Friday, 2 September 2016

Unfortunate Things May Also Happen

My life in Port Moresby and in Papua New Guinea in general is fruitful and at most times, peaceful. In the workplace, the majority of the people we meet are locals. While we may sometimes experience a dose of verbal indignation from an irate person, a big bulk of the people we meet are generally polite and courteous; in fact much more courteous from where I come from.

While I try as much to keep this blog free from any negative issues, perhaps today will be an exemption.  Almost 99% of the emails I received from the readers of this blog were leaning to know much about the safety of the expats living in this country. My reply to each one is almost the same and pretty simple, “Whatever nice or positive things that you may have read from my blog was all true.”

How about the negative stories about PNG? Well, I cannot provide a direct answer. It is my stand, from time to time, that PNG is a peaceful place to live in. It’s even better if you can learn to trust your gut and find a way to use your common sense at all times.

But to all those who are asking if I have had a bad experience myself, the answer is yes. Although it happened a long time, I still carry the effect in me. But I have long since forgiven and forgotten the people involved.

In 2011, during my first two weeks of living here. I remember it was quarter past seven in the morning and I was having a conversation with a co-manager in our car park while waiting for the car that would bring us to our place of work.

On my shoulder was a bag with my troubleshooting tools in it. My colleague was also holding a bag of packed lunch. A car went inside our car park (the gate was always open before) and parked to where most of the company cars are. We are new managers back then so for us, a visitor's car and a company car is somewhat indiscernible. 

As soon as the car was parked, out of it came three men. I was not sure if a driver was left in the car because we were not looking at it really. We did notice the three men: one of which is a bit older than the two. The other two were just young men. They approached us and stood a little close behind me which I ignored for thinking that they were our staffs.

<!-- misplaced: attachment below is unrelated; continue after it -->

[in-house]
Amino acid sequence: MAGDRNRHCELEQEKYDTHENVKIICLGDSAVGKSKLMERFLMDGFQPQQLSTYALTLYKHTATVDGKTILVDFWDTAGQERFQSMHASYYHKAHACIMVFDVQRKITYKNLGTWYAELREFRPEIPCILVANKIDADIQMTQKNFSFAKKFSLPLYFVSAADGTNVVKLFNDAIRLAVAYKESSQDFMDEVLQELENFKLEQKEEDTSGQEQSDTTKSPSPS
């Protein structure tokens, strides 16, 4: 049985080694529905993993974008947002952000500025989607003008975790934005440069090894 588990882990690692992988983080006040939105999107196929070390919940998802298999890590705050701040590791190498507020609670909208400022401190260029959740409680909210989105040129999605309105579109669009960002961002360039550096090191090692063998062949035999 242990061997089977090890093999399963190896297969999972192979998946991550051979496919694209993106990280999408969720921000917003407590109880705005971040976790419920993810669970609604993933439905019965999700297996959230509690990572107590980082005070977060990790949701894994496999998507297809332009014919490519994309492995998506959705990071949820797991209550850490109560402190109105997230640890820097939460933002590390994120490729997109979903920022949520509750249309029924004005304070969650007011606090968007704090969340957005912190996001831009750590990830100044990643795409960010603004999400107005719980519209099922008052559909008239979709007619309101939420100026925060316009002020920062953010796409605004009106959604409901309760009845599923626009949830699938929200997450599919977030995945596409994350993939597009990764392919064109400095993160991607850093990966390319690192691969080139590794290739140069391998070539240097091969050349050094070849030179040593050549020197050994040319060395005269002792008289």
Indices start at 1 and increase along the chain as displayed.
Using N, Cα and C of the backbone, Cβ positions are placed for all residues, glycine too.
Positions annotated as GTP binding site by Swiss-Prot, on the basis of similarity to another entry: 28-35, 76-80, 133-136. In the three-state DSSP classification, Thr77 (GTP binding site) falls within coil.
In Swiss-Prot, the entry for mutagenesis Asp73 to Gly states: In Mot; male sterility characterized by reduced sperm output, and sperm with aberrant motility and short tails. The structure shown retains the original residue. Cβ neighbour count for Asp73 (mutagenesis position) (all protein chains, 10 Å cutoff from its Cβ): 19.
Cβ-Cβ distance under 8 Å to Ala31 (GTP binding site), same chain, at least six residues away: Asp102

One of the young men snapped my bag from shoulder. My bag has a clip that you can press easily so the strap can unsnap quickly. I presume that he had pressed that because my bag was in his hand in an instant. As I turned around to see what had happened, I saw my bag in one of the young guy’s hand. My initial reaction was to wonder why and  I looked at his face to find an answer. I wasn’t sure if he was smiling or not but it looked like he did, albeit more like a Monalisa smile.

So because of that, my first guess was that he was a staff of this company and was just playing with me. With that in mind, I held his arm that was holding my bag with my two hands and told him “My bag.” He wouldn’t want to let go and that trace of smile had disappeared from his lips. From there, I began to suspect that something was not quite right.

My suspicion that things were not going well was confirmed when the other young man pulled out a long knife (they call it here bush knife) from his trousers (I had no idea how he was able to hide it there) and held it high above his head.  I remembered his words were “Uh! Uh!” Like he was trying to tell me to forget the bag.

The eldest of the three pulled out what seemed to be a revolver from his pants. As soon as I saw it, my mind was signalling a red flag. It was asking me to either fight or choose flight and in that situation I must soon decide right away. I must have chosen the latter---unaware that I was making small steps backward. The guy holding a bush knife confronted my colleague and tried to snatch his bag from his hand. My colleague refused to give it so he and the other guy ended up in a tug of war. It was tense and time seemed to be moving fast.